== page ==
SPINDLY and GIGANTEA interact and act in Arabidopsis thaliana pathways involved in light responses, flowering, and rhythms in cotyledon movements

Tong Seung Tseng, Patrice A. Salomé, C. Robertson McClung, Neil E. Olszewski

Research output: Contribution to journalArticle

136 Scopus citations

Abstract

SPINDLY (SPY) is a negative regulator of gibberellin signaling in Arabidopsis thaliana that also functions in previously undefined pathways. The N terminus of SPY contains a protein-protein interaction domain consisting of 10 tetratricopeptide repeats (TPRs). GIGANTEA (GI) was recovered from a yeast two-hybrid screen for proteins that interact with the TPR domain. GI and SPY also interacted in Escherichia coli and in vitro pull-down assays. The phenotypes of spy and spy-4 gi-2 plants support the hypothesis that SPY functions with GI in pathways controlling flowering, circadian cotyledon movements, and hypocotyl elongation. GI acts in the long-day flowering pathway upstream of CONSTANS (CO) and FLOWERING LOCUS T (FT). Loss of GI function causes late flowering and reduces CO and FT RNA levels. Consistent with SPY functioning in the long-day flowering pathway upstream of CO, spy-4 partially suppressed the reduced abundance of CO and FT RNA and the late flowering of gi-2 plants. Like gi, spy affects the free-running period of cotyledon movements. The free-running period was lengthened in spy-4 mutants and shortened in plants that overexpress SPY under the control of the 35S promoter of Cauliflower mosaic virus. When grown under red light, gi-2 plants have a long hypocotyl. This hypocotyl phenotype was suppressed in spy-4 gi-2 double mutants. Additionally, dark-grown and far-red-light-grown spy-4 seedlings were found to have short and long hypocotyls, respectively. The different hypocotyl length phenotypes of spy-4 seedlings grown under different light conditions are consistent with SPY acting in the GA pathway to inhibit hypocotyl elongation and also acting as a light-regulated promoter of elongation.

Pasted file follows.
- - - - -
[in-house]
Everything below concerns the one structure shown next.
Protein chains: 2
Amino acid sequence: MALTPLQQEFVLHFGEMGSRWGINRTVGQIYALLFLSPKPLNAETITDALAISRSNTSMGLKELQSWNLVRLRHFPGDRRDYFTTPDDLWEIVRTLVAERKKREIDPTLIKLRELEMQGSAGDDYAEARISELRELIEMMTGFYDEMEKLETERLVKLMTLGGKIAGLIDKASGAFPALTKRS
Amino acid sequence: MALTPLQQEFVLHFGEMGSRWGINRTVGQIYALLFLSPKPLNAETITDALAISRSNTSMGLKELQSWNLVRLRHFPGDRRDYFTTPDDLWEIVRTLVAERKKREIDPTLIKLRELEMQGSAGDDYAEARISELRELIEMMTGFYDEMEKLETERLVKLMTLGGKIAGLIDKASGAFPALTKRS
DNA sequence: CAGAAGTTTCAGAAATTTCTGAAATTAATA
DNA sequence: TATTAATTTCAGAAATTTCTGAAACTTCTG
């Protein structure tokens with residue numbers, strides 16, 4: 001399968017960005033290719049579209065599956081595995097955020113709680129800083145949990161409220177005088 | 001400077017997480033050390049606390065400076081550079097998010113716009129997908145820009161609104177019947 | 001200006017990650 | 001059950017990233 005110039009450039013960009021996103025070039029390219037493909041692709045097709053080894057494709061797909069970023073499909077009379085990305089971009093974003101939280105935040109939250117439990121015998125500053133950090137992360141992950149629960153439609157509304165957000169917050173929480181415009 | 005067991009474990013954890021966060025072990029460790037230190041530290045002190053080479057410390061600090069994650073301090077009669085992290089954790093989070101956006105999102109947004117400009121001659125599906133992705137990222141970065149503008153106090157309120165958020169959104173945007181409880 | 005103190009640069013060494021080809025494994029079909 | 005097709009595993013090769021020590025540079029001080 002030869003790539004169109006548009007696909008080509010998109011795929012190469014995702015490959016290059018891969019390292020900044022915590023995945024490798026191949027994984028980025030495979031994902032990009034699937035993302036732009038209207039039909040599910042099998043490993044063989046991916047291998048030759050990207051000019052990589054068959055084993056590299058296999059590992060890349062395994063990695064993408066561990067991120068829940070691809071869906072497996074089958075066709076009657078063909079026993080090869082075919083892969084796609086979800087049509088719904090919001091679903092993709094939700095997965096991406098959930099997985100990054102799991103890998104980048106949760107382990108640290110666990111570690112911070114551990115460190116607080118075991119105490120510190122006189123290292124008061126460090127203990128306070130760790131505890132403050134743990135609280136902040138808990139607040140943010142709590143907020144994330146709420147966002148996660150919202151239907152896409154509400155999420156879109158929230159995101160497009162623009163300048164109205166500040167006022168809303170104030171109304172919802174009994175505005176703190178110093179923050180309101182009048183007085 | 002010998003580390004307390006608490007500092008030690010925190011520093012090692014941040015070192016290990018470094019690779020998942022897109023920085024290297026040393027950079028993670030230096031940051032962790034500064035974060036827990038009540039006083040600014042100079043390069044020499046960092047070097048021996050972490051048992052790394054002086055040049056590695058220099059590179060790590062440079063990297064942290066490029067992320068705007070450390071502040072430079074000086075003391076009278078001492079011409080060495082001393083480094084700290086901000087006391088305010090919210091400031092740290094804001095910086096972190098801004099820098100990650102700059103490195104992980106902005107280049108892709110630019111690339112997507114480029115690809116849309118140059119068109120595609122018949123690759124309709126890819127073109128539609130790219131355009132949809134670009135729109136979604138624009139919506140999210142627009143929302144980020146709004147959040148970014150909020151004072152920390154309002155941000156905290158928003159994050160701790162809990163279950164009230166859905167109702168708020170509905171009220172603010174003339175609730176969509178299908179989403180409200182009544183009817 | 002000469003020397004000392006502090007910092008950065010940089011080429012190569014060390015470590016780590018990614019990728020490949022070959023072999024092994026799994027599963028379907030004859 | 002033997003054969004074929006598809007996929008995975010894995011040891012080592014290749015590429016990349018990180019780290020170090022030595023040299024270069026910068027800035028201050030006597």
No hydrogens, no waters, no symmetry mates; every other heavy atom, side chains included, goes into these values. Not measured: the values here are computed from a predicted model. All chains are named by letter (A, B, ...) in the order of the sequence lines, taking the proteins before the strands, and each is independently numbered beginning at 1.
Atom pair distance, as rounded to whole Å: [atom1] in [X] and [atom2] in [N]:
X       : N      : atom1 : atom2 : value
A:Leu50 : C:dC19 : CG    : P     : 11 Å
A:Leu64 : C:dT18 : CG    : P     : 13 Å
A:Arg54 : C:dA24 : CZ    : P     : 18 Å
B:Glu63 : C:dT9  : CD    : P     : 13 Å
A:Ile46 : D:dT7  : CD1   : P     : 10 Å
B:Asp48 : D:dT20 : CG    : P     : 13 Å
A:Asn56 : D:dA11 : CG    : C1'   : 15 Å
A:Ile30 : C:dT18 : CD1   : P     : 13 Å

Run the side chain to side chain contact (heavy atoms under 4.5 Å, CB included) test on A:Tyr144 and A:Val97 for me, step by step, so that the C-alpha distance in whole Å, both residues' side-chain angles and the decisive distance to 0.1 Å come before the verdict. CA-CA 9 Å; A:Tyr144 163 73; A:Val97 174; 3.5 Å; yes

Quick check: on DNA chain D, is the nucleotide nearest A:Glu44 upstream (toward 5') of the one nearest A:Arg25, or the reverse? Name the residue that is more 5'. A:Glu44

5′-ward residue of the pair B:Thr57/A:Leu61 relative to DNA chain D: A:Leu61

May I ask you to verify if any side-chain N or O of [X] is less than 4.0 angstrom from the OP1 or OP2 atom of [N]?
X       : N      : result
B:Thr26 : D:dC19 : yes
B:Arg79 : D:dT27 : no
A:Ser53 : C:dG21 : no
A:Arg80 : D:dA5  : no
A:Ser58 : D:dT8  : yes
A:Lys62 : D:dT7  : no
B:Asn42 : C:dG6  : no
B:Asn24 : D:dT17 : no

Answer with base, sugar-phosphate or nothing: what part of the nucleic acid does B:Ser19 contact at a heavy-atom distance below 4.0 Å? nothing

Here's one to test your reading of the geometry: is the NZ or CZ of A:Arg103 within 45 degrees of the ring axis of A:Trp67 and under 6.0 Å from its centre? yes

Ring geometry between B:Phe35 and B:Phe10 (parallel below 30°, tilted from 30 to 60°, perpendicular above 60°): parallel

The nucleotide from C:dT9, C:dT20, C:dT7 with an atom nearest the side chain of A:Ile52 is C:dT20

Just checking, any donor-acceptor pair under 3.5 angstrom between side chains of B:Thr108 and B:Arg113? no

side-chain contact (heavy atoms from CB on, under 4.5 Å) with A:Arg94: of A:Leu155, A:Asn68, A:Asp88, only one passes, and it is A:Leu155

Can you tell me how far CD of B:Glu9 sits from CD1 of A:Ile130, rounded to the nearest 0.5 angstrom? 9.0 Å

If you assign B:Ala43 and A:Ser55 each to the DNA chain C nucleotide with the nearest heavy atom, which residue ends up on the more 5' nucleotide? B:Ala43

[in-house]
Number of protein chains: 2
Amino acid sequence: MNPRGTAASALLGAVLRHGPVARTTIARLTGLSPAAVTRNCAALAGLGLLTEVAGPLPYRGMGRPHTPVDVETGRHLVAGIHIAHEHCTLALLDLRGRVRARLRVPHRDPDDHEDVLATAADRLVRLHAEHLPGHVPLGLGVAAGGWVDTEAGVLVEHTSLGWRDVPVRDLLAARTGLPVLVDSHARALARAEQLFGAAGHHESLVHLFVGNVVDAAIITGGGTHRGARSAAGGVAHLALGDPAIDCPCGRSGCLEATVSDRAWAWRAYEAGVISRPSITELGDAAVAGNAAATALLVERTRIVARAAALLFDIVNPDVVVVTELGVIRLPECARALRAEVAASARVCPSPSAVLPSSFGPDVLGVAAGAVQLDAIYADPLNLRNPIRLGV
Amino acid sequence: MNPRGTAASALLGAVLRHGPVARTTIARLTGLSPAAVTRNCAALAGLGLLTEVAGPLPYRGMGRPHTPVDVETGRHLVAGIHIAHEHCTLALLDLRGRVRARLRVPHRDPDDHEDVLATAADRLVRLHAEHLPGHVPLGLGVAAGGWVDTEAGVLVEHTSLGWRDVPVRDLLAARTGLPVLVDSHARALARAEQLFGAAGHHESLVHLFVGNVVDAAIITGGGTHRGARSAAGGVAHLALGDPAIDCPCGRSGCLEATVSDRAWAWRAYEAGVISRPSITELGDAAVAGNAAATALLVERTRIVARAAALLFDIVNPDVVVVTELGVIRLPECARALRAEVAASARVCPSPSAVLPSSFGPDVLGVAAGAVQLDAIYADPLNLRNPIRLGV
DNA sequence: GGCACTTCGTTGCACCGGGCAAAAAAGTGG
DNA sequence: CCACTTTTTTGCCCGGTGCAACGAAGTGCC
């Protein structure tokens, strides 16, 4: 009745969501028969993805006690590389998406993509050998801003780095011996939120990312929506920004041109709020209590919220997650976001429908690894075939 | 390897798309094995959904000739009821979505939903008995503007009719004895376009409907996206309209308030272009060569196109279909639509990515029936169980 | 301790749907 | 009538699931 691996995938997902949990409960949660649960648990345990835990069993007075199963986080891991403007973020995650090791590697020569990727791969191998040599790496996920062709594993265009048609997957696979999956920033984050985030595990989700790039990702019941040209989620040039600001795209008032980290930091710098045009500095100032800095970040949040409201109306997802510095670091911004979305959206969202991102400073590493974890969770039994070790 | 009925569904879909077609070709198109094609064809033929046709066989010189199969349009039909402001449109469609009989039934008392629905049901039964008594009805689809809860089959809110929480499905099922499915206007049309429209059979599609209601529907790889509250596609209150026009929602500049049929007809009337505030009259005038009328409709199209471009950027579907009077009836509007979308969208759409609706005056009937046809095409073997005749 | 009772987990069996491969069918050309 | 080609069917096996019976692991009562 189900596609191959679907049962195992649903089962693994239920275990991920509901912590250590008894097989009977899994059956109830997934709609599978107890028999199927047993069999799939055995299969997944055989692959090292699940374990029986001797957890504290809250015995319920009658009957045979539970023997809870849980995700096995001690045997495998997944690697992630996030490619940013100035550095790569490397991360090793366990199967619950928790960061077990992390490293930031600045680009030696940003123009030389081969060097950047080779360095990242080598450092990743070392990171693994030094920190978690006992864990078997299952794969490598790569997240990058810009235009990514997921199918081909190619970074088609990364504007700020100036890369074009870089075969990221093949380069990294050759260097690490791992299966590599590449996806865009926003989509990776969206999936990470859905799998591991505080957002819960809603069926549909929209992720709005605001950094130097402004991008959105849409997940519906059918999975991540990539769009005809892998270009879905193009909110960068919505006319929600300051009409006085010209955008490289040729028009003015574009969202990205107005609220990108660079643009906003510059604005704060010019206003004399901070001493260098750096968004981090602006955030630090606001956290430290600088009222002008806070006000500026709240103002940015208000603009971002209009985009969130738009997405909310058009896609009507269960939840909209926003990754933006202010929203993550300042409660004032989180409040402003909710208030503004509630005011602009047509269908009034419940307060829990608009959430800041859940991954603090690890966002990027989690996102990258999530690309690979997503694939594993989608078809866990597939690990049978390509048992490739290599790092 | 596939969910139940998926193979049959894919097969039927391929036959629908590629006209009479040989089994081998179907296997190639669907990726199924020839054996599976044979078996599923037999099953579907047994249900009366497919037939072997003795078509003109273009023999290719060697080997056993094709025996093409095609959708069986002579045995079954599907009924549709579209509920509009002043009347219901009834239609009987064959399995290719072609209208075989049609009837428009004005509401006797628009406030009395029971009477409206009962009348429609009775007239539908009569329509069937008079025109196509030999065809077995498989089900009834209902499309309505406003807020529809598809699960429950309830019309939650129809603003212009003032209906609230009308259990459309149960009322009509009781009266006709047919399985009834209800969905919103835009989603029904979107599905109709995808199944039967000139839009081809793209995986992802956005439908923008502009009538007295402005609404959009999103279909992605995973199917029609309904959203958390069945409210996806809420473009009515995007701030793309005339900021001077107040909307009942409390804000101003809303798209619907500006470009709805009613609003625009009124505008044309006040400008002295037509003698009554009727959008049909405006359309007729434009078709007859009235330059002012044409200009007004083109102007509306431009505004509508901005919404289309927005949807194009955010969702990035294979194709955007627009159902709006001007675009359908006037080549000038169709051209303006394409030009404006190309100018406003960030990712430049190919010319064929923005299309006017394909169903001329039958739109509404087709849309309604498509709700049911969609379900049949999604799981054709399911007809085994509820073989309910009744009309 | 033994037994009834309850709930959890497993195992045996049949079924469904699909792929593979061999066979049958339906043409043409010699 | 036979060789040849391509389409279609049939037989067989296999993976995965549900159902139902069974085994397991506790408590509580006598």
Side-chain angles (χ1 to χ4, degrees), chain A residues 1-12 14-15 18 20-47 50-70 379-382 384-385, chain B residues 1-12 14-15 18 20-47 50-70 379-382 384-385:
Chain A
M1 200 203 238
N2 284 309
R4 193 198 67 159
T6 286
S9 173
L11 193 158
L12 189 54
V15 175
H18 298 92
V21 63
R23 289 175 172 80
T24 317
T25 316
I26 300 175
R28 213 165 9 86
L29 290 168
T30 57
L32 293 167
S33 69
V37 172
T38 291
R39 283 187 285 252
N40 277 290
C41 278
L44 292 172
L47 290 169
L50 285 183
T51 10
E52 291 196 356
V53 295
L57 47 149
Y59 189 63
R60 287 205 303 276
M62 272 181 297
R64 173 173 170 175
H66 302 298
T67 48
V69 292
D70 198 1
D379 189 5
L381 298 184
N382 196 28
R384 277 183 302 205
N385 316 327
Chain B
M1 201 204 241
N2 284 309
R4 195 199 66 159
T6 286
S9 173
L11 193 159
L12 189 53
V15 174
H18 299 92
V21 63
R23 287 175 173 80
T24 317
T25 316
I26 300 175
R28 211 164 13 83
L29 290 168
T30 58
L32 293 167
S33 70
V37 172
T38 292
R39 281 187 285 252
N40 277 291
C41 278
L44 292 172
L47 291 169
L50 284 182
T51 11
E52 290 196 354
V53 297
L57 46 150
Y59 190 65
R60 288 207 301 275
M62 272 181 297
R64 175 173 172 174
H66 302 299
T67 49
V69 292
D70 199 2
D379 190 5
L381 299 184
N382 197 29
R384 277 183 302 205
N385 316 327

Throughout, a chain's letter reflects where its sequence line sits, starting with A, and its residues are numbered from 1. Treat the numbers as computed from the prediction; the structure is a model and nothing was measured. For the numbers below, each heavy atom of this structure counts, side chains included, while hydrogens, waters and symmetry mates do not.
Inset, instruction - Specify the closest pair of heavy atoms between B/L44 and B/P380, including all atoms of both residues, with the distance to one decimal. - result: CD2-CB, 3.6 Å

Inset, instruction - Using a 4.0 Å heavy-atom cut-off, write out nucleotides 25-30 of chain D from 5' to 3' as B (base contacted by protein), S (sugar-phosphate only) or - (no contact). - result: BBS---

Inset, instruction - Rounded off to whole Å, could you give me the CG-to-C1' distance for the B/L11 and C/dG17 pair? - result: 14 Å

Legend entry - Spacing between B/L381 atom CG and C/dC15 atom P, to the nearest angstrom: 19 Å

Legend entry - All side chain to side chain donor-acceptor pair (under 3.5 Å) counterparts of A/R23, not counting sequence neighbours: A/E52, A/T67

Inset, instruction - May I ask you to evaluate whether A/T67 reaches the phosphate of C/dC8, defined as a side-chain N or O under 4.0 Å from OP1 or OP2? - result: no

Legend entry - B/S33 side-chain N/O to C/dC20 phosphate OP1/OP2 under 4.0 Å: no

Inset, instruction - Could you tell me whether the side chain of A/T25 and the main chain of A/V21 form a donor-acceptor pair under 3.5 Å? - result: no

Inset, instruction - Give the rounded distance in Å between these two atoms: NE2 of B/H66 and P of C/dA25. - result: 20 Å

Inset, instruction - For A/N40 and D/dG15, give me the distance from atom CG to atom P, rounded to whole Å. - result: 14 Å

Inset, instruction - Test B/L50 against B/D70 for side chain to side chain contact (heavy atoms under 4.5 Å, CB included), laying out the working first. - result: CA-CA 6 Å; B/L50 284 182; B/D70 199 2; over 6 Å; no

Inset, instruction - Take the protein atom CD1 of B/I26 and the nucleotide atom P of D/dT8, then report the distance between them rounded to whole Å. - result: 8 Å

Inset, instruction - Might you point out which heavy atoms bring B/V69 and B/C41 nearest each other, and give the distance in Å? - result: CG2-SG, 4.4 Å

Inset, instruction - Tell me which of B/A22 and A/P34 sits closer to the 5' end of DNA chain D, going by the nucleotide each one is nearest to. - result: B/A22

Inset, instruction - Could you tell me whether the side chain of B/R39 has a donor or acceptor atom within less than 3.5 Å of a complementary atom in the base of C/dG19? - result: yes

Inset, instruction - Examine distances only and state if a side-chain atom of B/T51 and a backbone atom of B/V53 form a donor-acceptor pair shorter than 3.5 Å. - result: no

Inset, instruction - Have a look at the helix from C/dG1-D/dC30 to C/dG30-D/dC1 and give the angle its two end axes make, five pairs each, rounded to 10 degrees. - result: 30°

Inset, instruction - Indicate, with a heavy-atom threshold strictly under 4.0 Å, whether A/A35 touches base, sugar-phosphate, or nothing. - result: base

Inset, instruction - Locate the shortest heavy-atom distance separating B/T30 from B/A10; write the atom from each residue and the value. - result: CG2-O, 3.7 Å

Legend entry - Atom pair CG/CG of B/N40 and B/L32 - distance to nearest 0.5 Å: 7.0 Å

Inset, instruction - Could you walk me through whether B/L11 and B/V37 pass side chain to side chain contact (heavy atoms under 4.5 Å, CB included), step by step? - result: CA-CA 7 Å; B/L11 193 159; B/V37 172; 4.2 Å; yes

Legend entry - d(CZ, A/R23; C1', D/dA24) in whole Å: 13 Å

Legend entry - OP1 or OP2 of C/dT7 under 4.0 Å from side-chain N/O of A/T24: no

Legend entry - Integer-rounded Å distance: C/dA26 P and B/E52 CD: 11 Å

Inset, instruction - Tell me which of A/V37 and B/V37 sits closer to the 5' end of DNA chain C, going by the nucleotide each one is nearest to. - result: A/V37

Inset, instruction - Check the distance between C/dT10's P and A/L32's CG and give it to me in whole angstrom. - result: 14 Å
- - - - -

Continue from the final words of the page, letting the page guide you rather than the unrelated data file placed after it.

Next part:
Original languageEnglish (US)
Pages (from-to)1550-1563
Number of pages14
JournalPlant Cell
Volume16
Issue number6
DOIs
StatePublished - Jun 2004

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